By Carl F. Starkloff
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Additional info for A Theology of the In-Between: The Value of Syncretic Process (Marquette Studies in Theology, #33.)
I should also note of Gilson a point often overlooked by some neoscholastics who tended to treat “faith and reason” as entirely separate categories, that Gilson (following Aquinas) always recognized the priority of faith and revelation. (See his introduction (Gilson, 1955, 3-6) That Gilson himself never gave in to this dichotomy gives us an example of one who, within the synthesis, recognized revelation as a criterion. He writes, If the essence of the Christian message had been “corrupted” into a philosophy as early as the second century, Christianity would have soon ceased to exist as a religion and, consequently, there could be no history of Christian philosophy to relate.
The Carolingian Renaissance beginning in the middle of the eighth century syncretized a military idealism with a religious one, destined to become the age of chivalry. Charlemagne would develop the theocratic ideal beyond the Byzantine style and along Teutonic lines, but there would be a far more intensified struggle between Church and State ensuing from this by the end of the first millennium. Out of all this amalgam was growing the twofold syncretistic thrust that we shall study further: the many ordering tendencies of monastic intellectual and cultural preservation as well as the vagaries of popular religiosity.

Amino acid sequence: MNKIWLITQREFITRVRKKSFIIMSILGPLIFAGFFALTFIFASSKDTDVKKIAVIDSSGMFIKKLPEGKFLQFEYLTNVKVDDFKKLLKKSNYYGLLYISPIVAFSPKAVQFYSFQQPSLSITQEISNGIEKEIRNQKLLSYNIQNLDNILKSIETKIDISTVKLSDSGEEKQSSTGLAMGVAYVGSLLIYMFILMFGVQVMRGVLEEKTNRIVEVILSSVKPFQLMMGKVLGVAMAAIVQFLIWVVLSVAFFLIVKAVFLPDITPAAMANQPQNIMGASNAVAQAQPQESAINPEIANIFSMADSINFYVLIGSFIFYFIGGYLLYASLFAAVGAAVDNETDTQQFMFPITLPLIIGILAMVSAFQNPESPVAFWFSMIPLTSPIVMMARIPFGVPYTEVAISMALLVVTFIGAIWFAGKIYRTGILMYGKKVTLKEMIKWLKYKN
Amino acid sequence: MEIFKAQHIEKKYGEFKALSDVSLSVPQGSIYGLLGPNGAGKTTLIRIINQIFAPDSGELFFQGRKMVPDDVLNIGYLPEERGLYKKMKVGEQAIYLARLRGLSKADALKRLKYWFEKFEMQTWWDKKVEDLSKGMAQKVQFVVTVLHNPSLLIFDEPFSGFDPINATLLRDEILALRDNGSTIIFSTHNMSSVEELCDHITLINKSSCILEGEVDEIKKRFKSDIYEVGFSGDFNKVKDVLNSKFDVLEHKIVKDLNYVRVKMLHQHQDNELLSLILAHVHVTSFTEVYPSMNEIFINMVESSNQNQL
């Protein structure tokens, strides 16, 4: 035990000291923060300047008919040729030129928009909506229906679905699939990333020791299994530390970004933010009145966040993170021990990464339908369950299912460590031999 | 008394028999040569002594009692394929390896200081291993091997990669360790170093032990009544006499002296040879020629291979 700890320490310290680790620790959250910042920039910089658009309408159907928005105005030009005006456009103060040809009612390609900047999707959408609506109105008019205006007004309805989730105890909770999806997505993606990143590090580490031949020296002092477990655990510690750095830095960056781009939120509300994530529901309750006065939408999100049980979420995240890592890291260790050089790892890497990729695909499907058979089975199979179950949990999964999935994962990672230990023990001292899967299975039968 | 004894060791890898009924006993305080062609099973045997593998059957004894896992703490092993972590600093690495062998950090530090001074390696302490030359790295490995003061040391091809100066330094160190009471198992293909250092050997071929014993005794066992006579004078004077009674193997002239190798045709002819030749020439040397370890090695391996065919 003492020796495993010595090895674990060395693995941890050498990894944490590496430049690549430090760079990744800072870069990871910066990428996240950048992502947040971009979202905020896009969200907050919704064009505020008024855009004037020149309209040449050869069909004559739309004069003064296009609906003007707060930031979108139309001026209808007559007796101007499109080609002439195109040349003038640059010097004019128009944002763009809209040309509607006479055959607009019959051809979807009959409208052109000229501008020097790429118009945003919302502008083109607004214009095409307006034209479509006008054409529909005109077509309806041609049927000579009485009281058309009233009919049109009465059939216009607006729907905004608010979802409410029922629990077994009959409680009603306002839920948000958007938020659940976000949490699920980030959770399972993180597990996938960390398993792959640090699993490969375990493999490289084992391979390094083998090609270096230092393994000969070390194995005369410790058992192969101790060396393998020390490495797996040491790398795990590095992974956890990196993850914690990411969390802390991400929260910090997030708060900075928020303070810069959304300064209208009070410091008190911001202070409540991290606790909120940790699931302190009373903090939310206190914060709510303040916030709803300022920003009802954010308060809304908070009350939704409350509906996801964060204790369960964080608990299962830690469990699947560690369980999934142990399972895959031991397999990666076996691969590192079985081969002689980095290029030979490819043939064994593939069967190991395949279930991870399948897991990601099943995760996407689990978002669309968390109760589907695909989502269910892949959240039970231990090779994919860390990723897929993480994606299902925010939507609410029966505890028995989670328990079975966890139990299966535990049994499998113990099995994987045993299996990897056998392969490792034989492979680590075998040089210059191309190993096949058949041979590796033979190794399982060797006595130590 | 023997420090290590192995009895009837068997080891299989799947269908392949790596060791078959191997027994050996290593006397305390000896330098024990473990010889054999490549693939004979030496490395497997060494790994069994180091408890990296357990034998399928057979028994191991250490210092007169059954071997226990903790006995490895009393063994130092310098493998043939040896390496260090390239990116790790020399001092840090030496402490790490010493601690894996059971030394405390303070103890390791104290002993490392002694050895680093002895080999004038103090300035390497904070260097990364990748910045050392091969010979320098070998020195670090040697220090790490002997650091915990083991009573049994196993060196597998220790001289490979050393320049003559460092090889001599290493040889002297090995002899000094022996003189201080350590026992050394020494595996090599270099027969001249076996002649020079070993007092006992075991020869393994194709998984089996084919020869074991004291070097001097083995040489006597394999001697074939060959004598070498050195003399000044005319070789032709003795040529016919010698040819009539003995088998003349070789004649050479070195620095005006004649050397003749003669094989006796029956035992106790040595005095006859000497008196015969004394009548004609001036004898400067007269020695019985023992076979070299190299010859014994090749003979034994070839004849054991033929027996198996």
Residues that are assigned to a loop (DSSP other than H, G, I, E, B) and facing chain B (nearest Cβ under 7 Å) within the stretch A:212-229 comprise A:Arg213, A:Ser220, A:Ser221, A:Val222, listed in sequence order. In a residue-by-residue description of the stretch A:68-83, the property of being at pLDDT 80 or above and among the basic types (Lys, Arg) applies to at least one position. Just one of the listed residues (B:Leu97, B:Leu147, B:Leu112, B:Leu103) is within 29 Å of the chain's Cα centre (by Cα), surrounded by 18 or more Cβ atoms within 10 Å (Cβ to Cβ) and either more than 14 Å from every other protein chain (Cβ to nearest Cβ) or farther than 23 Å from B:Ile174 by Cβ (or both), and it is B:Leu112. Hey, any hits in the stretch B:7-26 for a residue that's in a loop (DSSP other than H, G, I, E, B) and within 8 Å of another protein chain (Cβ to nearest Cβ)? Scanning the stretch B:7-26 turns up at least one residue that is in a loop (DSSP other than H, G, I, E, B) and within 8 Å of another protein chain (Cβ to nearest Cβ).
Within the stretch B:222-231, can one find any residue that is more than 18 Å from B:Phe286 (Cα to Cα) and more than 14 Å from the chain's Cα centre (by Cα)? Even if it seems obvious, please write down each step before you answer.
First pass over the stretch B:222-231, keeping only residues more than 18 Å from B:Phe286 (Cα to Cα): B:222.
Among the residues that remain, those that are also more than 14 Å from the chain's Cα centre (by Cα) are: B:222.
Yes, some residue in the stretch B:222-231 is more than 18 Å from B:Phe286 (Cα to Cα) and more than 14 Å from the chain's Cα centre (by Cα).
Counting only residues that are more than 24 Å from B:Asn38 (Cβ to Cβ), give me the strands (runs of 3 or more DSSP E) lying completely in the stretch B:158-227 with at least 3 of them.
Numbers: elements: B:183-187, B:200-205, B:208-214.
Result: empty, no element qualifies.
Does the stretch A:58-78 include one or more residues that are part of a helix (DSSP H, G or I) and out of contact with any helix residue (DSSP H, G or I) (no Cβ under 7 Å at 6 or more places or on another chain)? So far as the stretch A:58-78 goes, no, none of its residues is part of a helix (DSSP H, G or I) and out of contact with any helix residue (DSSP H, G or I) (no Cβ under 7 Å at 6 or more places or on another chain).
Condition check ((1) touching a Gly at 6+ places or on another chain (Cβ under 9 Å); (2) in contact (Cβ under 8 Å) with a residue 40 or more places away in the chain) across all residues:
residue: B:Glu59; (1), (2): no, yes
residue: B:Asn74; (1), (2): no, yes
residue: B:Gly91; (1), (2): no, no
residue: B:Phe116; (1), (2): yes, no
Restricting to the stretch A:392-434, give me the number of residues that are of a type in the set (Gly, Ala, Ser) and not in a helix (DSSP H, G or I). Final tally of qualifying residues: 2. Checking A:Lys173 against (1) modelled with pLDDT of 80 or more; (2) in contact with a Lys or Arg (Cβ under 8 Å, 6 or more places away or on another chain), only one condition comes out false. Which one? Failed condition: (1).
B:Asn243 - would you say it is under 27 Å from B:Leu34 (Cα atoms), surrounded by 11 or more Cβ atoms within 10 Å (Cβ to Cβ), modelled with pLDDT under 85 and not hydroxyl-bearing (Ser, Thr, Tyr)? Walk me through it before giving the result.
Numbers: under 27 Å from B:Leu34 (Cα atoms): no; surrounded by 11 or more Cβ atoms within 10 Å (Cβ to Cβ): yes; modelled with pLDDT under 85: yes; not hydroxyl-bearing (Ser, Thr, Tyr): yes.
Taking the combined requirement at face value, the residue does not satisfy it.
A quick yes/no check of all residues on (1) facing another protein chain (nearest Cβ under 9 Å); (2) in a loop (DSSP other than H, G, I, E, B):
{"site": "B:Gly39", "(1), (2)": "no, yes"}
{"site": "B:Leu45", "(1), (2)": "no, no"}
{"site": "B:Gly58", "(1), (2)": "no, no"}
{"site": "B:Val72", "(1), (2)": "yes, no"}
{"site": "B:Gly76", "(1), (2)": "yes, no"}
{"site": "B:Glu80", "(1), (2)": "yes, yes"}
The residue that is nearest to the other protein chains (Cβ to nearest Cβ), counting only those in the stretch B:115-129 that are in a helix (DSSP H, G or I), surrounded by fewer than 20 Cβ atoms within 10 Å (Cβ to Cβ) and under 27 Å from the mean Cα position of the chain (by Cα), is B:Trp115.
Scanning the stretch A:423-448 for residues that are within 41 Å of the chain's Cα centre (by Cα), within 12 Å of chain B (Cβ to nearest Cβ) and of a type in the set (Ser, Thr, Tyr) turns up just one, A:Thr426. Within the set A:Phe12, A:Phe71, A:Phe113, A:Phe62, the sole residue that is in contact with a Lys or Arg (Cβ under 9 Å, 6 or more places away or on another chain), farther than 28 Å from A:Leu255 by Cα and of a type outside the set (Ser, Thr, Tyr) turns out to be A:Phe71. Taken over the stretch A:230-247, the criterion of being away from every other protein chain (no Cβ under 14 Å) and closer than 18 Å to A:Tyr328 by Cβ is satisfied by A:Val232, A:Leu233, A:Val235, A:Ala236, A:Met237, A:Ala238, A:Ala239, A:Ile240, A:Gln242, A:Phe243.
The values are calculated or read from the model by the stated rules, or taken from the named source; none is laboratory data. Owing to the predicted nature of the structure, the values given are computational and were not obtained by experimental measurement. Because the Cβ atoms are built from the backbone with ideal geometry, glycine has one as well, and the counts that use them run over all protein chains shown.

Although one should exercise some “suspicion” about the potential “Christendom” character of this aspiration, it is a high example of a metaxic hope to establish order in history. Within “the Golden Age of Scholasticism,” we need address here only the two great figures of Bonaventure and Thomas Aquinas. The labors of Bonaventure, in one aspect, anticipate the work of Bernard Lonergan, by establishing love as the connecting link between reason 50 A Theology of the In-Between and faith, Bonaventure’s doctrine being characterized by his famous phrase, “the itinerary of the soul toward God” (Gilson, 1959, 332).
A Theology of the In-Between: The Value of Syncretic Process (Marquette Studies in Theology, #33.) by Carl F. Starkloff